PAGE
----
Agency is tbe gift that keeps on giving.

      Reply
  4. Shelley6 February, 2021

    I can completely understand the rationale behind being exclusive with Amazon for a lot of self-published authors, but I buy very few books from Amazon. I prefer the epub format, so 97% of my ebook purchases are from Kobo. There are only 4-5 authors that I love that I am prepared to shop at Amazon for, and there are at least another 6 or 7 that I no longer read because they are exclusive to Amazon. Authors, and readers, make the choices that suit them best. For me, I can’t stand the kindle app; and price-wise the kindle ebook isn’t that much cheaper than from Kobo when you take into account exchange rates. Occasionally price will pay a part in my decision when looking on Amazon, but even then I don’t usually end up purchasing the ebook. The list price on Amazon frequently increases when I go to purchase the ebook. For example, I was interested in purchasing a cookbook that was listed for NZD24.99 on Kobo but was USD3.99 on Amazon. Bargain! Just as I was about to purchase the ebook, I noticed the price had changed to USD15.92. With the exchange rate I might as well buy from Kobo, so I didn’t bother purchasing from Amazon. Not sure of the reason for the price change, maybe geographical zoning, but it adds to the reasons of why I don’t bother too much with Amazon, or with very many of the authors exclusive to Amazon.

    Reply
    1. Disgusting Dude7 February, 2021

      Agency book prices are set by the publisher. Amazon lets you know.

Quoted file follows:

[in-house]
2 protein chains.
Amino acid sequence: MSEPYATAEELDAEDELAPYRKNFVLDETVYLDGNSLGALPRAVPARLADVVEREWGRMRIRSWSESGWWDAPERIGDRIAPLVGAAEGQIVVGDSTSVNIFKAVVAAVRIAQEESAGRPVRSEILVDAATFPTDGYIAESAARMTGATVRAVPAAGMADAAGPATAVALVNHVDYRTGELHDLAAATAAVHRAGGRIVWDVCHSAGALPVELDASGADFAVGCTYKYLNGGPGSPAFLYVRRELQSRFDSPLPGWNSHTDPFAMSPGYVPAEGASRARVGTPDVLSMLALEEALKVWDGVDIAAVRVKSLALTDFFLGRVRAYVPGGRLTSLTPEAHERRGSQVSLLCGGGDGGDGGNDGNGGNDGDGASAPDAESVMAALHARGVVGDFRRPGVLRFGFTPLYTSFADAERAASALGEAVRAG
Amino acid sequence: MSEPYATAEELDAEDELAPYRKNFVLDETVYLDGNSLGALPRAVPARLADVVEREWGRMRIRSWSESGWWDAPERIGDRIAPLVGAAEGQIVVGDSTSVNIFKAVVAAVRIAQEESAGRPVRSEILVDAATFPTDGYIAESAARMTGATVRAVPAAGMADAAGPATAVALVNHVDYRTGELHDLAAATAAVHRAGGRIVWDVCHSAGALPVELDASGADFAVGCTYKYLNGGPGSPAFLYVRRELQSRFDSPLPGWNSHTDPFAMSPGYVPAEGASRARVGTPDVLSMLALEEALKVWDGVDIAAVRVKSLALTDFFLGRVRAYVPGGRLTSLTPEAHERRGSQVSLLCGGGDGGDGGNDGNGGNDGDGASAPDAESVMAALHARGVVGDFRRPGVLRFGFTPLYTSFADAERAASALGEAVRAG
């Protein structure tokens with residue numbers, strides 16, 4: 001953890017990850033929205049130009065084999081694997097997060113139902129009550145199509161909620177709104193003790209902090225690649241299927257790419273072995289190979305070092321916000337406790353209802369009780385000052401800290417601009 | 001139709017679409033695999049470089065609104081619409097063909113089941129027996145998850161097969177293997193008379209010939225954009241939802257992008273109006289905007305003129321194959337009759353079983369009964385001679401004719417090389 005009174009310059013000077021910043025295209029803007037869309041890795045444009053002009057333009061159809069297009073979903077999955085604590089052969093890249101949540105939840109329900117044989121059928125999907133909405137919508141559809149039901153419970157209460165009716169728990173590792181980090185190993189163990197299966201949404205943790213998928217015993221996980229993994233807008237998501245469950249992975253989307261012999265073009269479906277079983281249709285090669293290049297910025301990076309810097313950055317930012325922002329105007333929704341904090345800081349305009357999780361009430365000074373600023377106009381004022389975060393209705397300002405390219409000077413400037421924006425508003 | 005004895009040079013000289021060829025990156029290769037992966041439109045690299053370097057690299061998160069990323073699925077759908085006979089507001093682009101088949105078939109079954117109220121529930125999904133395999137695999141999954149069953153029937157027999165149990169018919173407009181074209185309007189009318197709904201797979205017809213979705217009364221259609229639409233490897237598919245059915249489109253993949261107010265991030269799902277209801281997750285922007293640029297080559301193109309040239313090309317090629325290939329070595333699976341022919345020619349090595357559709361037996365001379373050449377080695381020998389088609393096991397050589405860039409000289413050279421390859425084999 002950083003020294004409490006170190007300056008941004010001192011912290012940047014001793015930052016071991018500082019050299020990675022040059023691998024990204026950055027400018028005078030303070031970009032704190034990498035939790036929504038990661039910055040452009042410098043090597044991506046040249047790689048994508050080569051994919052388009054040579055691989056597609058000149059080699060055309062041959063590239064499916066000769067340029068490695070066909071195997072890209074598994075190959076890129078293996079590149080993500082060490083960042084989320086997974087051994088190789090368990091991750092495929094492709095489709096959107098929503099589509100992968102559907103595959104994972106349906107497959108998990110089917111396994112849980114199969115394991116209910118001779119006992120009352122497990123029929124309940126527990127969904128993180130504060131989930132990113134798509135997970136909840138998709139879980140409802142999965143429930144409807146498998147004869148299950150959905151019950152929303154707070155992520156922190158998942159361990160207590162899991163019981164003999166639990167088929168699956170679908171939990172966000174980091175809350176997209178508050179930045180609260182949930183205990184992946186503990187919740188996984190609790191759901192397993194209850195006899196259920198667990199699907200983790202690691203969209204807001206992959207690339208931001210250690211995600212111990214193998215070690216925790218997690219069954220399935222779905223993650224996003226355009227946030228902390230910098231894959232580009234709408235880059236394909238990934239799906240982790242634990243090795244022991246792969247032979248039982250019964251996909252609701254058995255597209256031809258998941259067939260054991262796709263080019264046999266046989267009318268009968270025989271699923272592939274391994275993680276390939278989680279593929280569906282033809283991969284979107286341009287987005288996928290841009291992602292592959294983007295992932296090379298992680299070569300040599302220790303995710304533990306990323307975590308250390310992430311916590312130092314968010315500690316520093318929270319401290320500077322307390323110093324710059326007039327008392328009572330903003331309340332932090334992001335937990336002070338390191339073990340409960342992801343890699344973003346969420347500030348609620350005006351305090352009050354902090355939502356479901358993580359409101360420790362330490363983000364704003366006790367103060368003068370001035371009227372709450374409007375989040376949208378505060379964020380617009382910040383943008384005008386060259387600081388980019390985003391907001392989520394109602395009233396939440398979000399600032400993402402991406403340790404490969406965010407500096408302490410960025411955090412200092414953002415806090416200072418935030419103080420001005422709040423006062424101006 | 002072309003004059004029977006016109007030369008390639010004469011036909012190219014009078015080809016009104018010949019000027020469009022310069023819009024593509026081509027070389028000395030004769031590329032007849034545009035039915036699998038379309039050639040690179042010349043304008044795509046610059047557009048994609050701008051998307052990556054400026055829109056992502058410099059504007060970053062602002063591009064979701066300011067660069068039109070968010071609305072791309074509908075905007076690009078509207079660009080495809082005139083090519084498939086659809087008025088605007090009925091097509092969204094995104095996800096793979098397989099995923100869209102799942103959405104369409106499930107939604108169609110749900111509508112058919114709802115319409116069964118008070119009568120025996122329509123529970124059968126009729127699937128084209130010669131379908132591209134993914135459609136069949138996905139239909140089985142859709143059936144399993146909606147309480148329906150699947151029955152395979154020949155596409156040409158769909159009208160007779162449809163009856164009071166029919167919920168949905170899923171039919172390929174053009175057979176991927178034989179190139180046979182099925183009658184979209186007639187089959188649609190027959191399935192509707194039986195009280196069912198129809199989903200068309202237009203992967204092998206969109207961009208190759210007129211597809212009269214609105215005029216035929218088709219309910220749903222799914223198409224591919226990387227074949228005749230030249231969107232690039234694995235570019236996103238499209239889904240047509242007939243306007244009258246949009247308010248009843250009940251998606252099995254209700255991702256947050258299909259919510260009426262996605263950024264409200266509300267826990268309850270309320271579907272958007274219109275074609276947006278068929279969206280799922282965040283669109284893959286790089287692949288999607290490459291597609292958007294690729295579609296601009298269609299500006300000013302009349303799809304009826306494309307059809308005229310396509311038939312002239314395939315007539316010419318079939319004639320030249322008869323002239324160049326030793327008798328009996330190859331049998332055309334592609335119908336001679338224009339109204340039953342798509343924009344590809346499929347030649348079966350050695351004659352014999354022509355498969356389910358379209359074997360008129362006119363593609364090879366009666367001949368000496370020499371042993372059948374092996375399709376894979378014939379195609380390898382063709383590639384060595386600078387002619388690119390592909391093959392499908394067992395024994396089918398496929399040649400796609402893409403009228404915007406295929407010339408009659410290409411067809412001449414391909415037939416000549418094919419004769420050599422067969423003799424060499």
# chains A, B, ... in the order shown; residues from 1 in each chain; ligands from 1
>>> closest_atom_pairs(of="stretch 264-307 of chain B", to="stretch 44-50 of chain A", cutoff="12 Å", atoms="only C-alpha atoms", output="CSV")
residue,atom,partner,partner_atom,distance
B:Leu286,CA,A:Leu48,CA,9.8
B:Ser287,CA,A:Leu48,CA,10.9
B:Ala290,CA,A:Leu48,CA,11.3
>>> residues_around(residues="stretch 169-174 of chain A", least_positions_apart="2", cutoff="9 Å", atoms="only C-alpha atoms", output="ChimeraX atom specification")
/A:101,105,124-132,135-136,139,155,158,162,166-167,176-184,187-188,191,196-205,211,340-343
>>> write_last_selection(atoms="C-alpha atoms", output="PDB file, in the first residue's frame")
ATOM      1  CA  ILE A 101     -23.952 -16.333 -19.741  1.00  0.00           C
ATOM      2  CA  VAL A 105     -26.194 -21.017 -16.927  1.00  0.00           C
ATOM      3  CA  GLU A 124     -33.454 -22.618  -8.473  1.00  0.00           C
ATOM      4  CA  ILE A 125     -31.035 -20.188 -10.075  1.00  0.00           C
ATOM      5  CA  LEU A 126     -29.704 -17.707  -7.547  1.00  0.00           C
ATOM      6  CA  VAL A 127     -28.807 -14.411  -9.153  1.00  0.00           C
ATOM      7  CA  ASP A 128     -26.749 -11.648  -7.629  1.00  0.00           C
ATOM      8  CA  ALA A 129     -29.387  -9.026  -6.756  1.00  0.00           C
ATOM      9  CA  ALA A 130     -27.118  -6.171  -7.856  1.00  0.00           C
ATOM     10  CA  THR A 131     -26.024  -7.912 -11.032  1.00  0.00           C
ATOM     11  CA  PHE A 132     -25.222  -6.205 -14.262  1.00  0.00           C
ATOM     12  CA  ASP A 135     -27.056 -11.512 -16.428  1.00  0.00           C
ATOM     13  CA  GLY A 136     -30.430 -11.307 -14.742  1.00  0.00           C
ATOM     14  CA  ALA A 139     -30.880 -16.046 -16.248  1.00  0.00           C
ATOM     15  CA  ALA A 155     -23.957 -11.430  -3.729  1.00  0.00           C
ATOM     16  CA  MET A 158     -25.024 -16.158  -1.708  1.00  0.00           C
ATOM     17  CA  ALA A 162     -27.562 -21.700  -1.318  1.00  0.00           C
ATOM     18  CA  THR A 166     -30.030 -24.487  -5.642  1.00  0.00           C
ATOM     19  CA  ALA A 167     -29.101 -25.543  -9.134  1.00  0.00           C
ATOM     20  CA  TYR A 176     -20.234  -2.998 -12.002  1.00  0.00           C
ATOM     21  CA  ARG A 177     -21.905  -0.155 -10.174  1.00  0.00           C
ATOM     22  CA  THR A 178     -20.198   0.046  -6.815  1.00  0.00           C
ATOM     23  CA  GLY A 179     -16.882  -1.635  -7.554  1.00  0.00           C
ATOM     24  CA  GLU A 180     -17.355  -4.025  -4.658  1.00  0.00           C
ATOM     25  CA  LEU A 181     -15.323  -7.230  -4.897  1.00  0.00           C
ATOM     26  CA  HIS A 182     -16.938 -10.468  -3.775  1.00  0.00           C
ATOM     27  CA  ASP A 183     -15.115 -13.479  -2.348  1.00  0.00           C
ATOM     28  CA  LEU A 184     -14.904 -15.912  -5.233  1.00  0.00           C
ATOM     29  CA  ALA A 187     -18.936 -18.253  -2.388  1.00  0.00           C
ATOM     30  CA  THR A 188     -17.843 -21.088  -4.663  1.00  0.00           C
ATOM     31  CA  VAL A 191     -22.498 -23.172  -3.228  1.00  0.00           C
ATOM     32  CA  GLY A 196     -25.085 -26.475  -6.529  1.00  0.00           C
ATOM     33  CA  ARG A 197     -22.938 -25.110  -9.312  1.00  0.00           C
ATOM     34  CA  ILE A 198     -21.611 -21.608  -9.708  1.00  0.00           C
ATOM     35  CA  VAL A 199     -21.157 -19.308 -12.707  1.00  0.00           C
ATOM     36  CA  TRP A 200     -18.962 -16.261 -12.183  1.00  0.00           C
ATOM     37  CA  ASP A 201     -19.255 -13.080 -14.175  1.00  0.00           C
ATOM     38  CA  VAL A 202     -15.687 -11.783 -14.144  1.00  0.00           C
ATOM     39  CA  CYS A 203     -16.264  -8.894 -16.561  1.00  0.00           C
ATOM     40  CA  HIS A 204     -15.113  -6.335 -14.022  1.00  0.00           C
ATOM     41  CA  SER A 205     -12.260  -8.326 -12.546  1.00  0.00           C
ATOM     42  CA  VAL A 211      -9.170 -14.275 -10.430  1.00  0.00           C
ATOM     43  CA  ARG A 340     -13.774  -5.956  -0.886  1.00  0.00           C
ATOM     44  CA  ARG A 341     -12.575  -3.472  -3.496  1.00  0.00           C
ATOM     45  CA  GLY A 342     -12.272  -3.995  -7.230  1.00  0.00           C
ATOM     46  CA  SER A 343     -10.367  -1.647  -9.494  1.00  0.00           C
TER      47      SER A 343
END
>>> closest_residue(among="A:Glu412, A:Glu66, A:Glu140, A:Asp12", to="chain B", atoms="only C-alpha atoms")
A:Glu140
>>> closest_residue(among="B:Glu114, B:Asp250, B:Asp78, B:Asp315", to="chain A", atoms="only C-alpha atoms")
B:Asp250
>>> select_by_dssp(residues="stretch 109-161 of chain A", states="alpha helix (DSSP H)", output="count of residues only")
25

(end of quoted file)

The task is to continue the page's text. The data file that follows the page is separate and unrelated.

The big publishers routinely charge more in the US than, say, the UK.
      Do if you’re outide the US and you’re buying tradpub, going to the US site is not helpful.
      Likewise, georestrictions are also publisher controlled.

      None of which helps prop up B&N or Kobo.

      Reply
  5. Shelley7 February, 2021

    That hasn’t been my experience here in NZ. UK editions of agency ebooks are generally more expensive than US editions. Additionally, B&N don’t sell ebooks outside of US, at least they never used to and I haven’t checked to see if that situation has changed. I just wish pricing was more consistent. I could buy the ebook version of chef Jamie Oliver’s latest book for NZD 51.74 from Kobo; or NZD 49.95 for the hardcover print edition from a bookshop; or USD 16.99 from B&N for the nook ebook if I was actually able to purchase it; or amazingly enough the Amazon kindle version for USD 15.12! I’m only guessing that the Michael Joseph imprint (publisher of the cookbook above) of Penguin Books is UK based.

    My example in my previous post was probably not the best example to use. I have found that the price of self-published ebooks will change from when I look at the list of ebooks available by a certain author, to the moment I have selected the ebook to purchase. The price has usually increased by approx. USD 1.00. It might be listed as USD 4.99, but when I select the book to buy it the price will have changed to $5.92.

    Reply